That Very Stable Genius
The essence of irony, Henry Fowler wrote in “A Dictionary of Modern English Usage,” is that it “postulates a double audience” — one that’s in on the joke, and another that isn’t. The title of Philip Rucker and Carol Leonnig’s new book, “A Very Stable Genius,” is thus savvy marketing. It’s possible to imagine both Donald J. Trump’s detractors and his admirers eagerly grasping a copy.
The admirers will not make it past the table of contents. Among the chapter titles: “Unhinged,” “Shocking the Conscience,” “Paranoia and Pandemonium” and “Scare-a-Thon.” This verbiage makes Rucker and Leonnig’s book sound like one more enraged polemic. It isn’t. They’re meticulous journalists, and this taut and terrifying book is among the most closely observed accounts of Donald J. Trump’s shambolic tenure in office to date.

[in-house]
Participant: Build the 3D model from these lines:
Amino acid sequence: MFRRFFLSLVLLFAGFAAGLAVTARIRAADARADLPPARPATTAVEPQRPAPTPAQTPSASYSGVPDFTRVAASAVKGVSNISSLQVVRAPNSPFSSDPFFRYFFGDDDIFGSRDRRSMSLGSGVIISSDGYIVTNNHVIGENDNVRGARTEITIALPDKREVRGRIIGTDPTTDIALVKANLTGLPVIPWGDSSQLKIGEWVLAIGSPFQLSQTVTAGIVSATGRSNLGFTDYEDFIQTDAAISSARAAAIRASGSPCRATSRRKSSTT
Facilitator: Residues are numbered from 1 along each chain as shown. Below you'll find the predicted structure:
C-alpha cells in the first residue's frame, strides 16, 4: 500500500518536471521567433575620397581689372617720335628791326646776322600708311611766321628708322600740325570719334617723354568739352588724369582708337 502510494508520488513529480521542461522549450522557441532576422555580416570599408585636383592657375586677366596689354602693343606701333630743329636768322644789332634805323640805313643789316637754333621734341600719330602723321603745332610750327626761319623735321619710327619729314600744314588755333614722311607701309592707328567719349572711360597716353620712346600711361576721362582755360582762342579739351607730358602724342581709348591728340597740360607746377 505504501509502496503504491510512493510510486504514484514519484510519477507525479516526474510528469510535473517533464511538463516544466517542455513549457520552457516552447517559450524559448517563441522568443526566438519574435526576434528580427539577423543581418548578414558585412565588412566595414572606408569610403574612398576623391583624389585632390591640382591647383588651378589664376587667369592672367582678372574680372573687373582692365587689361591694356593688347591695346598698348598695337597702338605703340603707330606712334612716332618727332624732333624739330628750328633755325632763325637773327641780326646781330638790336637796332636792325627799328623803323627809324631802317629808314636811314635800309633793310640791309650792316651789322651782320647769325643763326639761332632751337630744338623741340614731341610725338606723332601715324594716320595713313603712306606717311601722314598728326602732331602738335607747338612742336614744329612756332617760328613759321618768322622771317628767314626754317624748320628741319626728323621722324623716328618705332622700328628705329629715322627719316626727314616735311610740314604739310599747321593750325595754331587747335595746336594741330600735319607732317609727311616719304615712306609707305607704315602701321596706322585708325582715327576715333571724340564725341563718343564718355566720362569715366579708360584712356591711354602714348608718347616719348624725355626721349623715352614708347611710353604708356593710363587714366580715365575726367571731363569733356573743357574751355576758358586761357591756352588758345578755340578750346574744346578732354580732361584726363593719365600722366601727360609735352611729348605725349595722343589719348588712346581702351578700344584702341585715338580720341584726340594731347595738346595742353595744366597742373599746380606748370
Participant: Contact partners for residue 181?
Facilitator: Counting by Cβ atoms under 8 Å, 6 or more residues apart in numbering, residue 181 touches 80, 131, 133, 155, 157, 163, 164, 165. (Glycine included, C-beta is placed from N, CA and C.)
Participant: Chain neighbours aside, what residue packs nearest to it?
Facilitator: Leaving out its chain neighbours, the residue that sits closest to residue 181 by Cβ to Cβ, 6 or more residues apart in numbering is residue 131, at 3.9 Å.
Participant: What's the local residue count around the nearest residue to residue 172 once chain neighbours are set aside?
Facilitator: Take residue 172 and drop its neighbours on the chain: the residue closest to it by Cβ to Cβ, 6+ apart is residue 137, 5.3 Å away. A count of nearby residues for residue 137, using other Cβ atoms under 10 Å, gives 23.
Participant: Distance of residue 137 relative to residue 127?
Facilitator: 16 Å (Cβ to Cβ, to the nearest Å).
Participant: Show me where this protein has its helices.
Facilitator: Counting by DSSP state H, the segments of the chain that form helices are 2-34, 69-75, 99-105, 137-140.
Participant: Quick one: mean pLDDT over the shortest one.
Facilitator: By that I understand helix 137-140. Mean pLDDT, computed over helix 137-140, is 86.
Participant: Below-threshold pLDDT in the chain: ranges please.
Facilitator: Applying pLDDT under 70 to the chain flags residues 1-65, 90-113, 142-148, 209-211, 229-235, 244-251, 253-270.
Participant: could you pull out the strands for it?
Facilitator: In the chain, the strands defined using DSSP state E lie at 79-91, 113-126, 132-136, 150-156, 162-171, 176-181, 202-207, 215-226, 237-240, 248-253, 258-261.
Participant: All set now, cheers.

Rucker is The Washington Post’s White House bureau chief; Leonnig is a national investigative reporter for the newspaper. Both have won Pulitzer Prizes. Their newspaper’s ominous, love-it-or-hate-it motto is “Democracy Dies in Darkness.” “A Very Stable Genius” flicks the lights on from its first pages.
Rucker and Leonnig have composed their book, they write, out of a desire to step out of the churning news cycle and “assess the reverberations” of Trump’s presidency. The result is a chronological account of the past three years in Washington, based on interviews with more than 200 sources.
It reads like a horror story, an almost comic immorality tale. It’s as if the president, as patient zero, had bitten an aide and slowly, bite by bite, an entire nation had lost its wits and its compass.
The result of Rucker and Leonnig’s hard work is a book that runs low to the ground; it only rarely pauses for sweeping, drone-level vistas and injections of historical perspective. This is not Garry Wills or Joan Didion. They do break news, some large and some small.